Saturday, Dec 16, 2017
On a disturbance scale, Mother! falls somewhere between other Darren Aronofsky films, Requiem for a Dream and Black Swan, with a story more comparable to Noah combined with an all-out assault on social etiquette and political correctness that creates the strangest kind of satire.
In a movie of characters' without names, Jennifer Lawrence plays the titular mother. Wife to a famous poet, played by Javier Bardem, she single-handedly rebuilds their house which has been lost in a fire. She paints, builds, and decorates all day long while he attempts to write. Quiet and secluded, their existence is not without mystery as he coddles a strange crystal artifact and she self-medicates strange physical symptoms. They seem to be a happy, loving couple, until a stranger (Ed Harris) arrives, and her self-control begins to unravel. The strangers wife (Michelle Pfeiffer), his family, and all their conflicts soon follow. As these stranger's arrive, her husband begins to make strange decisions, inviting them to stay in their home without consulting her, sharing intimate details with them about their relationship, and being unpredictably confrontational. The strangeness escalates as the new house guests impose themselves upon their hosts without any seeming regard for social etiquette and norms. The house guests cause more and more problems for the hosts, until it escalates so dramatically that you spend the latter stages of the film trying to decipher what the film is really about.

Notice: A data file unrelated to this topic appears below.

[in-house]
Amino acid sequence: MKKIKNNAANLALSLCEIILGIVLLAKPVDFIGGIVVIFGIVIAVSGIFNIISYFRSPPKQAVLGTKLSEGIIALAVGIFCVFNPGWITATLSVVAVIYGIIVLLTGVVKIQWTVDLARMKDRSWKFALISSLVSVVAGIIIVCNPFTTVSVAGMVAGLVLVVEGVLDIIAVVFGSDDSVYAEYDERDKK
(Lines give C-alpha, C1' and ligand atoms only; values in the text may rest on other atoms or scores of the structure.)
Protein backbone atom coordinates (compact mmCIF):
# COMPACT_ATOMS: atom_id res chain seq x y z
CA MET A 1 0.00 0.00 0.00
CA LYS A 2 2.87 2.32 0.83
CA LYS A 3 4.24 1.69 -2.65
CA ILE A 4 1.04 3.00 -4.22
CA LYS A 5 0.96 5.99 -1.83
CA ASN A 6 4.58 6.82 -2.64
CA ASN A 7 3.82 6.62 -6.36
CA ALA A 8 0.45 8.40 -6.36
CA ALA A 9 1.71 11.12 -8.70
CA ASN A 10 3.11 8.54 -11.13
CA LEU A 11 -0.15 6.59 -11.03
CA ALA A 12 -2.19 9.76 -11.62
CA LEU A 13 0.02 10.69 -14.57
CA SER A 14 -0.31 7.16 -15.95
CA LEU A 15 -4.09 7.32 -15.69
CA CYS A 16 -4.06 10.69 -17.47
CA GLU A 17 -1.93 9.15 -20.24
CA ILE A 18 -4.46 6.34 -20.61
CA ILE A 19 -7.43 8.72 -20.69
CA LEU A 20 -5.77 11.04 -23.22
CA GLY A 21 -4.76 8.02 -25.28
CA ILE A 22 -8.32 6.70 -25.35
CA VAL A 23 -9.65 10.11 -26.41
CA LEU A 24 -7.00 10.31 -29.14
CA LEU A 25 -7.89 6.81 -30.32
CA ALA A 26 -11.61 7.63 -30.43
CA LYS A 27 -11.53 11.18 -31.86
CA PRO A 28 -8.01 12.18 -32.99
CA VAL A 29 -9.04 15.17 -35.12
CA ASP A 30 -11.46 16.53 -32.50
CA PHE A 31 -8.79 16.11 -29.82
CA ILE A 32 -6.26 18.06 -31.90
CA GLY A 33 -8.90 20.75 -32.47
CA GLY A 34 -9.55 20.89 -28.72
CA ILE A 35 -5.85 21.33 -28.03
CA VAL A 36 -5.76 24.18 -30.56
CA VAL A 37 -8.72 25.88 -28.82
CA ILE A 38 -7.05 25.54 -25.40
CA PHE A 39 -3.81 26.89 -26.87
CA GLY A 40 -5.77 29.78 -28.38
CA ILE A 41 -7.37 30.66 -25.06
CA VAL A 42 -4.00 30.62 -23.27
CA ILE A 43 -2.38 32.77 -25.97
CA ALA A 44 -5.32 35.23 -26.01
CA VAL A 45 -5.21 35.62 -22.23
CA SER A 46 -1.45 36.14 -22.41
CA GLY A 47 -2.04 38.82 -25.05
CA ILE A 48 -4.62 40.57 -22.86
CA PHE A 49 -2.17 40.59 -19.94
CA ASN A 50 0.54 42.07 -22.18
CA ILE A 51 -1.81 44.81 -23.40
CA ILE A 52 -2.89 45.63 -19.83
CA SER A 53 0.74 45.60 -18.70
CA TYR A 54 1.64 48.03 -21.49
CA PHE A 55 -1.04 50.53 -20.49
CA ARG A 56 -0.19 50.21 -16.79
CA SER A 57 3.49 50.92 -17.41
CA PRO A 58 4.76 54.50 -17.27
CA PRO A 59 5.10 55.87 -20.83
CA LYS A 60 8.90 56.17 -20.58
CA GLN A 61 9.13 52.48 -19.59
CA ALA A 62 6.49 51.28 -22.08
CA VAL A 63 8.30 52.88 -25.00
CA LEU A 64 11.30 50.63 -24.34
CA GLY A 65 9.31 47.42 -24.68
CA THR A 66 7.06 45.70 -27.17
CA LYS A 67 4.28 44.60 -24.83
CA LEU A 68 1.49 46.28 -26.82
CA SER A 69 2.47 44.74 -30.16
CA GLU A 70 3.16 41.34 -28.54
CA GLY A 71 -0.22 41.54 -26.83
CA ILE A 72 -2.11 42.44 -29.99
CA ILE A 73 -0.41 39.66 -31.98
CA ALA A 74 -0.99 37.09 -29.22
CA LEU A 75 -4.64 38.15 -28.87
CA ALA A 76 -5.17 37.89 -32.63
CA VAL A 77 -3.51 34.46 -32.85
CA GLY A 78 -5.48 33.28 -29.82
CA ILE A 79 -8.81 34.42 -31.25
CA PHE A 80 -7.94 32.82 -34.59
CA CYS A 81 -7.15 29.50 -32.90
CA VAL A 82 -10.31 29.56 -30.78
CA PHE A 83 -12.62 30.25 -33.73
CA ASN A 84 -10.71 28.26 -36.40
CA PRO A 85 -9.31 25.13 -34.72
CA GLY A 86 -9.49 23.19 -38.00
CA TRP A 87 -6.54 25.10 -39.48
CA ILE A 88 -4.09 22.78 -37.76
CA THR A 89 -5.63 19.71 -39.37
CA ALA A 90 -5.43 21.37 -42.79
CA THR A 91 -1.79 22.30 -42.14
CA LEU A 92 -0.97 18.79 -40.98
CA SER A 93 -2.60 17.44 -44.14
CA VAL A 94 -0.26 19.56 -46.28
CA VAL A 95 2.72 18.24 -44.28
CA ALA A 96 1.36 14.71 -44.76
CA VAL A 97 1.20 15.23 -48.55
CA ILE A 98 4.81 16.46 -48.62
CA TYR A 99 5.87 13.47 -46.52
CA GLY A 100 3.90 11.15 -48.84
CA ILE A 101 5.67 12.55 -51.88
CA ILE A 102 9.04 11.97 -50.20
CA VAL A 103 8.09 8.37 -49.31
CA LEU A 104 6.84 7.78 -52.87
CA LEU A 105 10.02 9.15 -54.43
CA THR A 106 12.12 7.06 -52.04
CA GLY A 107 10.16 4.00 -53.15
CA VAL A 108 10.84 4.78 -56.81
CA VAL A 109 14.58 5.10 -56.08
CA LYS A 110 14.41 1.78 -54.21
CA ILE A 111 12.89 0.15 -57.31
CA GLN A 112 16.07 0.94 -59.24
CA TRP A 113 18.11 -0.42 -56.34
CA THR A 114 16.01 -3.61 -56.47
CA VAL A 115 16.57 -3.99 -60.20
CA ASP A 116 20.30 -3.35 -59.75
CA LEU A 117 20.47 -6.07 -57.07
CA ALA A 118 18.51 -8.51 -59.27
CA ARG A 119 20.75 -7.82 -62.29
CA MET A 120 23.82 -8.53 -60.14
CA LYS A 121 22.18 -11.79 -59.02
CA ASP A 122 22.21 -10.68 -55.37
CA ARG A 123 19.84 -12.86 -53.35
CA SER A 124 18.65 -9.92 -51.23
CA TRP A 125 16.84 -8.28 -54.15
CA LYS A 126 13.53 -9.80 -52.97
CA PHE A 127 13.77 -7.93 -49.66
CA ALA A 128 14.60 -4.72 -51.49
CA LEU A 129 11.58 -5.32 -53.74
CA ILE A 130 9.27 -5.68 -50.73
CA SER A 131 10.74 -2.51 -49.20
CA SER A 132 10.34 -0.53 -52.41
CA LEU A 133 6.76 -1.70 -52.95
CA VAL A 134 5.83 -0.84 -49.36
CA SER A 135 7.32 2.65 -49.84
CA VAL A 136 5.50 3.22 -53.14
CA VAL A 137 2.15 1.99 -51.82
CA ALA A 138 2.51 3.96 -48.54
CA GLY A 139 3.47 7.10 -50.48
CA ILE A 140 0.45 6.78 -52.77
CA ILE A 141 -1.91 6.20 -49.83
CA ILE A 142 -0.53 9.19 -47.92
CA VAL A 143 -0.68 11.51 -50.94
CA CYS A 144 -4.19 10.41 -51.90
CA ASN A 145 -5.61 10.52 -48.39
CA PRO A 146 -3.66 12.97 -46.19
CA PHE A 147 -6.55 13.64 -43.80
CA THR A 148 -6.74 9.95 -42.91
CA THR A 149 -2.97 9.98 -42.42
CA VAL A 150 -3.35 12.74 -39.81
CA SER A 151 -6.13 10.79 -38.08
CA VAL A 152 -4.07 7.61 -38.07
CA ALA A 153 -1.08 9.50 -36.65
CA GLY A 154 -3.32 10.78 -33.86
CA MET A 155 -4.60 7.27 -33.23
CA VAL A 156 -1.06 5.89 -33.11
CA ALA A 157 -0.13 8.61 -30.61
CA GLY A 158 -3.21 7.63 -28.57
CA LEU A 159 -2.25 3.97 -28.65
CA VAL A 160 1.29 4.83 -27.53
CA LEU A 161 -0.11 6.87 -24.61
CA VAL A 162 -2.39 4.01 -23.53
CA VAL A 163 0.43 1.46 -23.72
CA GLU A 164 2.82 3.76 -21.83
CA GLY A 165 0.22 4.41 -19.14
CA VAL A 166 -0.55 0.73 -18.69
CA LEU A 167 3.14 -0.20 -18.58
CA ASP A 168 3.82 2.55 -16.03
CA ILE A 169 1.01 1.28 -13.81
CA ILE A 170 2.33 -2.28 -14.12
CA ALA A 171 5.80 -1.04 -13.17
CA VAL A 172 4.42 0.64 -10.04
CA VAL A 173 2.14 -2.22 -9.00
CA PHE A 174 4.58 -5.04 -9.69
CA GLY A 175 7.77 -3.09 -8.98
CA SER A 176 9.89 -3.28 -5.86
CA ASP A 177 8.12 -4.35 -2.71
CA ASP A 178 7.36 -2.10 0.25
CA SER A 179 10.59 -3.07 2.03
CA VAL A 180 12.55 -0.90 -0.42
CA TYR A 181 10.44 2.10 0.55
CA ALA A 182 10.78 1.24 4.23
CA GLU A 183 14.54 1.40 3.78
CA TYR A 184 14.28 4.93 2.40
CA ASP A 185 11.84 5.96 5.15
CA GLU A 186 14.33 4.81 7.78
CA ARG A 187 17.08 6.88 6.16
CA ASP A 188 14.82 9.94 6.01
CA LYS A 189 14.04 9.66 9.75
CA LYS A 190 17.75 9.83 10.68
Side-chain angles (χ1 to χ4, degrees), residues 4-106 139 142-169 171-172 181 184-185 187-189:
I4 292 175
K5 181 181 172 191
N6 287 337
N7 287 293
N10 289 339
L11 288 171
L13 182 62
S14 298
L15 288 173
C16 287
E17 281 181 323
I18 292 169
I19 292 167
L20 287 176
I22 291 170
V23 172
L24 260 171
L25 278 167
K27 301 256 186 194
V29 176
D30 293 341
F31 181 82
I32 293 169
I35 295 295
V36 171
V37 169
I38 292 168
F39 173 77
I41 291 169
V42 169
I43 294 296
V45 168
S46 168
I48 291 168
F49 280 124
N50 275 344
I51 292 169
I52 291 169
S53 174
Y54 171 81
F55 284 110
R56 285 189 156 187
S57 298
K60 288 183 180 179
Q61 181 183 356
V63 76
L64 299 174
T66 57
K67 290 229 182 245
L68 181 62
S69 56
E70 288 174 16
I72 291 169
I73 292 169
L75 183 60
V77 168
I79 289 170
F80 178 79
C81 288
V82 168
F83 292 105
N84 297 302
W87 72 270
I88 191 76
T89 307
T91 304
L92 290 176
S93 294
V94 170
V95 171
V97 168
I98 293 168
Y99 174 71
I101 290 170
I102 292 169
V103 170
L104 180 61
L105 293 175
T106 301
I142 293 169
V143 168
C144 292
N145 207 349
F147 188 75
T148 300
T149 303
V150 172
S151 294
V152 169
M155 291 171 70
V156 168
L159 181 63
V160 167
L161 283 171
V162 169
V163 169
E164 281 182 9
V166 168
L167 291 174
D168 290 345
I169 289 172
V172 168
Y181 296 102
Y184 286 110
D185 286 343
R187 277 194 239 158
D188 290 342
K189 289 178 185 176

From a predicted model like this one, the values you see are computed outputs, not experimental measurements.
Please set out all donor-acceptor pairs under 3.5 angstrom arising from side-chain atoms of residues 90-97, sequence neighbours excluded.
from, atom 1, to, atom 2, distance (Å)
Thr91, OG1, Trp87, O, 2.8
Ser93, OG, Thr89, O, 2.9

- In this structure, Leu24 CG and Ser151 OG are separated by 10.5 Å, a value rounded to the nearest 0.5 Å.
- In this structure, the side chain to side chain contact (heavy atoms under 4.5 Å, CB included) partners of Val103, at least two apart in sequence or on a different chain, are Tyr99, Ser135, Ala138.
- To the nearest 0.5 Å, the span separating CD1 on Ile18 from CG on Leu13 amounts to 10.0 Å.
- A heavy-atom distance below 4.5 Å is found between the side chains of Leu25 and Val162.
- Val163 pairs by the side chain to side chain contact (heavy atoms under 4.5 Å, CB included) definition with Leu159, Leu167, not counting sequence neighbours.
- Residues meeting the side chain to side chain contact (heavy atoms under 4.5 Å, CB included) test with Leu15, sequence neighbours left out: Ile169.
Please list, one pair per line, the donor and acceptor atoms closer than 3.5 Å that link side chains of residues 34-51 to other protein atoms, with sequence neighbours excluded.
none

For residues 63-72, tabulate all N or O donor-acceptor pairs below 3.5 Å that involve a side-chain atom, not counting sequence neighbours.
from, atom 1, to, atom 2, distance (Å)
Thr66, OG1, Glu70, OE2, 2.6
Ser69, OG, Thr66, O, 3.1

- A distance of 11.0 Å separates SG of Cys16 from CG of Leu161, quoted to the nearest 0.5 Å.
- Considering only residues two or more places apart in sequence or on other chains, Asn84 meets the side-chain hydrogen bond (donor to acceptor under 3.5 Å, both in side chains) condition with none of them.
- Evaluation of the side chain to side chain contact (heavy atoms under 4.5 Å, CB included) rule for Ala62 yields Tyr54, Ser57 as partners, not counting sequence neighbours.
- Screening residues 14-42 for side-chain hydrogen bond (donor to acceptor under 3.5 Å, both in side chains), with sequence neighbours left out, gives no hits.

Like much of Aronofsky's work, this is a strange and uncomfortable film. A constant air of mystery, made me want to know the story behind these strangers, why her husband is acting so strangely. You certainly don't get conclusive answers, but the questions kept me engaged as I just wanted to know what is going on. Ultimately, I spent a lot of time trying to figure out what Mother! is supposed to mean and I feel differently about that type of reaction on a case by case basis. In this case, I have enjoyed thinking about this movie and trying to unpack it, but a light, fun film it is not.